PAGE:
The answer is that the financial crisis created an abnormal situation. As explained later in this chapter, a very abnormal situation developed after Lehman Brothers, a key financial institution, failed in September 2008. Banks, seeing few opportunities for safe, profitable lending, began parking large sums at the Federal Reserve in the form of deposits—deposits that counted as part of the monetary base. As a result, currency in circulation no longer dominated the monetary base, and thanks to all those deposits at the Fed the monetary base was actually larger than M1, with the money multiplier therefore less than 1.

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ECONOMICSin Action

Multiplying Money Down

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In our hypothetical example illustrating how banks create money, we described Silas the miser taking the currency from under his bed and turning it into a checkable bank deposit. This led to an increase in the money supply, as banks engaged in successive waves of lending backed by Silas’s funds. It follows that if something happened to make Silas revert to old habits, taking his money out of the bank and putting it back under his bed, the result would be less lending and, ultimately, a decline in the money supply. That’s exactly what happened as a result of the bank runs of the 1930s.

Table 18-2 shows what happened between 1929 and 1933, as bank failures shook the public’s confidence in the banking system. The second column shows the public’s holdings of currency. This increased sharply, as many Americans decided that money under the bed was safer than money in the bank after all. The third column shows the value of checkable bank deposits. This fell sharply, through the multiplier process we have just analyzed, when individuals pulled their cash out of banks. Loans also fell because banks that survived the waves of bank runs increased their excess reserves, just in case another wave began. The fourth column shows the value of M1, the first of the monetary aggregates we described earlier. It fell sharply because the total reduction in checkable or near-checkable bank deposits was much larger than the increase in currency in circulation.

Table : TABLE 18-2 The Effects of Bank Runs, 1929–1933
 Currency incirculation Checkablebank deposits M1 (billions of dollars) 1929 \$3.90 \$22.74 \$26.64 1933 5.09 14.82 19.91 Percent change +31% −35% −25% Data from: U.S. Census Bureau (1975), Historical Statistics of the United States.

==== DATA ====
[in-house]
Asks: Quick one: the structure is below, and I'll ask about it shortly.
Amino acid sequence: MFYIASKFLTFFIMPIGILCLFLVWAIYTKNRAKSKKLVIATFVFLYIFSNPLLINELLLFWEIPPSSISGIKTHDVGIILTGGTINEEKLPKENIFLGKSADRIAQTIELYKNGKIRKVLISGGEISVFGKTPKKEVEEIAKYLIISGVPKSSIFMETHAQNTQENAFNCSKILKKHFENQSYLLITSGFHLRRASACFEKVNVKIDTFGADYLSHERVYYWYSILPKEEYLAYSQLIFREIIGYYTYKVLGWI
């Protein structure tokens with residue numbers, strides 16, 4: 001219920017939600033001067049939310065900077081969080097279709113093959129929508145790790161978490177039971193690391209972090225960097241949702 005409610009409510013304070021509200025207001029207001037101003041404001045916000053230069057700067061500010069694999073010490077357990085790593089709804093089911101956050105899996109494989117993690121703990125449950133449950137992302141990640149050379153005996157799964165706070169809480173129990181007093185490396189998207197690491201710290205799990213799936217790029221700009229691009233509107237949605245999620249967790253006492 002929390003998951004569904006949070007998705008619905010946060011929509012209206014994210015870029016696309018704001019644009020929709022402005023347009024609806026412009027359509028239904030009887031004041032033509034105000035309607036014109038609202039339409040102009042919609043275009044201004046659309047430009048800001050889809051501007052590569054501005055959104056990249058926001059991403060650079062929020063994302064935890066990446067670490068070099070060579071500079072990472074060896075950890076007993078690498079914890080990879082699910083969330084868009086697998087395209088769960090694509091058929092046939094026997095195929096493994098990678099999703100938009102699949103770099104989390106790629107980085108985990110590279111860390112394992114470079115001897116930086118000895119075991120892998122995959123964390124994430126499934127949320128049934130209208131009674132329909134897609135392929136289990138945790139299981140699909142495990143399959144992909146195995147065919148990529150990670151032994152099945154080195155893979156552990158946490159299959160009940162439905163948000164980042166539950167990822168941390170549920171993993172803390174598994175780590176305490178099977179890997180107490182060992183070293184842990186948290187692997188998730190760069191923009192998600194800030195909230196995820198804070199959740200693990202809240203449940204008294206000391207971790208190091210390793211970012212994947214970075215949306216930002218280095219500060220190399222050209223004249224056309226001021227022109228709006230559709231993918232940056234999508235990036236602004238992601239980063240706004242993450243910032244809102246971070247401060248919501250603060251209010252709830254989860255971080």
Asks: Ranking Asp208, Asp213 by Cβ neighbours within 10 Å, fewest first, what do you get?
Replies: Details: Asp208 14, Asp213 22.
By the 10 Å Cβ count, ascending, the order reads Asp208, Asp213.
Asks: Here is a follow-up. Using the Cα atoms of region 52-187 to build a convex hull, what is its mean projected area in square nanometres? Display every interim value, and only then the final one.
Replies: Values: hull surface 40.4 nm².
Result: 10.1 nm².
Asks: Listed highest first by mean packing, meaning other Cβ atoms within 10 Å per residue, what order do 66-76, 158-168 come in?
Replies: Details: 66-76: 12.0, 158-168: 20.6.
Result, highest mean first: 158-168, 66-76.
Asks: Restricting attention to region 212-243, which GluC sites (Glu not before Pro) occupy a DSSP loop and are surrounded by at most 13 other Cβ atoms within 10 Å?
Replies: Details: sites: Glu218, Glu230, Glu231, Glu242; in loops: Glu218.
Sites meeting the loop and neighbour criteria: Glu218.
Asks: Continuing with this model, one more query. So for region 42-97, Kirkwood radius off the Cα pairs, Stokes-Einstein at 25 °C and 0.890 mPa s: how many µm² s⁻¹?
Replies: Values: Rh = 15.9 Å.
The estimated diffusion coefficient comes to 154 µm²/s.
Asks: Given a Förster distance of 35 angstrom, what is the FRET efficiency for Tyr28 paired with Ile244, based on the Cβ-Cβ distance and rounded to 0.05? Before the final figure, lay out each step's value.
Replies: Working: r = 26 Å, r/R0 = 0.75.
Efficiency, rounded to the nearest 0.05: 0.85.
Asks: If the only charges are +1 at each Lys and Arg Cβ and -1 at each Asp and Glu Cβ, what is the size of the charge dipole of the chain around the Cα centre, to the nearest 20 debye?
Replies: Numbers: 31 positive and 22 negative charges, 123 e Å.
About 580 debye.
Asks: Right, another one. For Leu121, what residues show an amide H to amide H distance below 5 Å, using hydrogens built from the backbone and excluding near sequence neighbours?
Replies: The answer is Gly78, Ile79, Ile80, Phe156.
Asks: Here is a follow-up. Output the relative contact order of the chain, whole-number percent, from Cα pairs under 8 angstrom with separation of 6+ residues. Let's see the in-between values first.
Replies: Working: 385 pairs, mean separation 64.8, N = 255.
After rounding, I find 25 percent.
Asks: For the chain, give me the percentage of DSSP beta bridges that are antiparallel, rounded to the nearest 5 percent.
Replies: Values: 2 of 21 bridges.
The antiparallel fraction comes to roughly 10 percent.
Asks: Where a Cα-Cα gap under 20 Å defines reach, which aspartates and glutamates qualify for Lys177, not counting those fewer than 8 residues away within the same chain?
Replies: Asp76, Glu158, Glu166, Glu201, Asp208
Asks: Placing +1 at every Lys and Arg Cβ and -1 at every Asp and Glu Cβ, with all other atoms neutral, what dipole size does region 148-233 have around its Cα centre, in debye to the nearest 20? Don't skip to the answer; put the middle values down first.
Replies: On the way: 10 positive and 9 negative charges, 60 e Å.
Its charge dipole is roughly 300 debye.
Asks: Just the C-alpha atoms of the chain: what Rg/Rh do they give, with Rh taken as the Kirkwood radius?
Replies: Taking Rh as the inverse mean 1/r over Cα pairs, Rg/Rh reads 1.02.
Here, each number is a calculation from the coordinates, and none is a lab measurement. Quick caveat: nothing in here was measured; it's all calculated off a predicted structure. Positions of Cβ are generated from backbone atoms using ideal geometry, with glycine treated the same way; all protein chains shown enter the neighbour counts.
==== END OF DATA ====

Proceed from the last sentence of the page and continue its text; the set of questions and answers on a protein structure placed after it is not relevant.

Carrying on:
Quick Review

• Banks create money when they lend out excess reserves, generating a multiplier effect on the money supply.

• In a checkable-deposits-only system, the money supply would be equal to bank reserves divided by the reserve ratio. In reality, however, the public holds some funds as cash rather than in checkable deposits, which reduces the size of the multiplier.

• The monetary base, equal to bank reserves plus currency in circulation, overlaps but is not equal to the money supply. The money multiplier is equal to the money supply divided by the monetary base.

Question 18.6

1. Assume that total reserves are equal to \$200 and total checkable bank deposits are equal to \$1,000. Also assume that the public does not hold any currency. Now suppose that the required reserve ratio falls from 20% to 10%. Trace out how this leads to an expansion in bank deposits.

Since they only have to hold \$100 in reserves, instead of \$200, banks now lend out \$100 of their reserves. Whoever borrows the \$100 will deposit it in a bank, which will lend out \$100 × (1 − rr) = \$100 × 0.9 = \$90. Whoever borrows the \$90 will put it into a bank, which will lend out \$90 × 0.9 = \$81, and so on. Overall, deposits will increase by \$100/0.1 = \$1,000.

Question 18.7

2. Take the example of Silas depositing his \$1,000 in cash into First Street Bank and assume that the required reserve ratio is 10%. But now assume that each time someone receives a bank loan, he or she keeps half the loan in cash. Trace out the resulting expansion in the money supply.

Silas puts \$1,000 in the bank, of which the bank lends out \$1,000 × (1 − rr) = \$1,000 × 0.9 = \$900. Whoever borrows the \$900 will keep \$450 in cash and deposit \$450 in a bank. The bank will lend out \$450 × 0.9 = \$405. Whoever borrows the \$405 will keep \$202.50 in cash and deposit \$202.50 in a bank. The bank will lend out \$202.50 × 0.9 = \$182.25, and so on. Overall, this leads to an increase in deposits of \$1,000 + \$450 + \$202.50 + . . . But it decreases the amount of currency in circulation: the amount of cash is reduced by the \$1,000 Silas puts into the bank. This is offset, but not fully, by the amount of cash held by each borrower. The amount of currency in circulation therefore changes by −\$1,000 + \$450 + \$202.50 + . . . The money supply therefore increases by the sum of the increase in deposits and the change in currency in circulation, which is \$1,000 − \$1,000 + \$450 + \$450 + \$202.50 + \$202.50 + . . . and so on.

Solutions appear at back of book.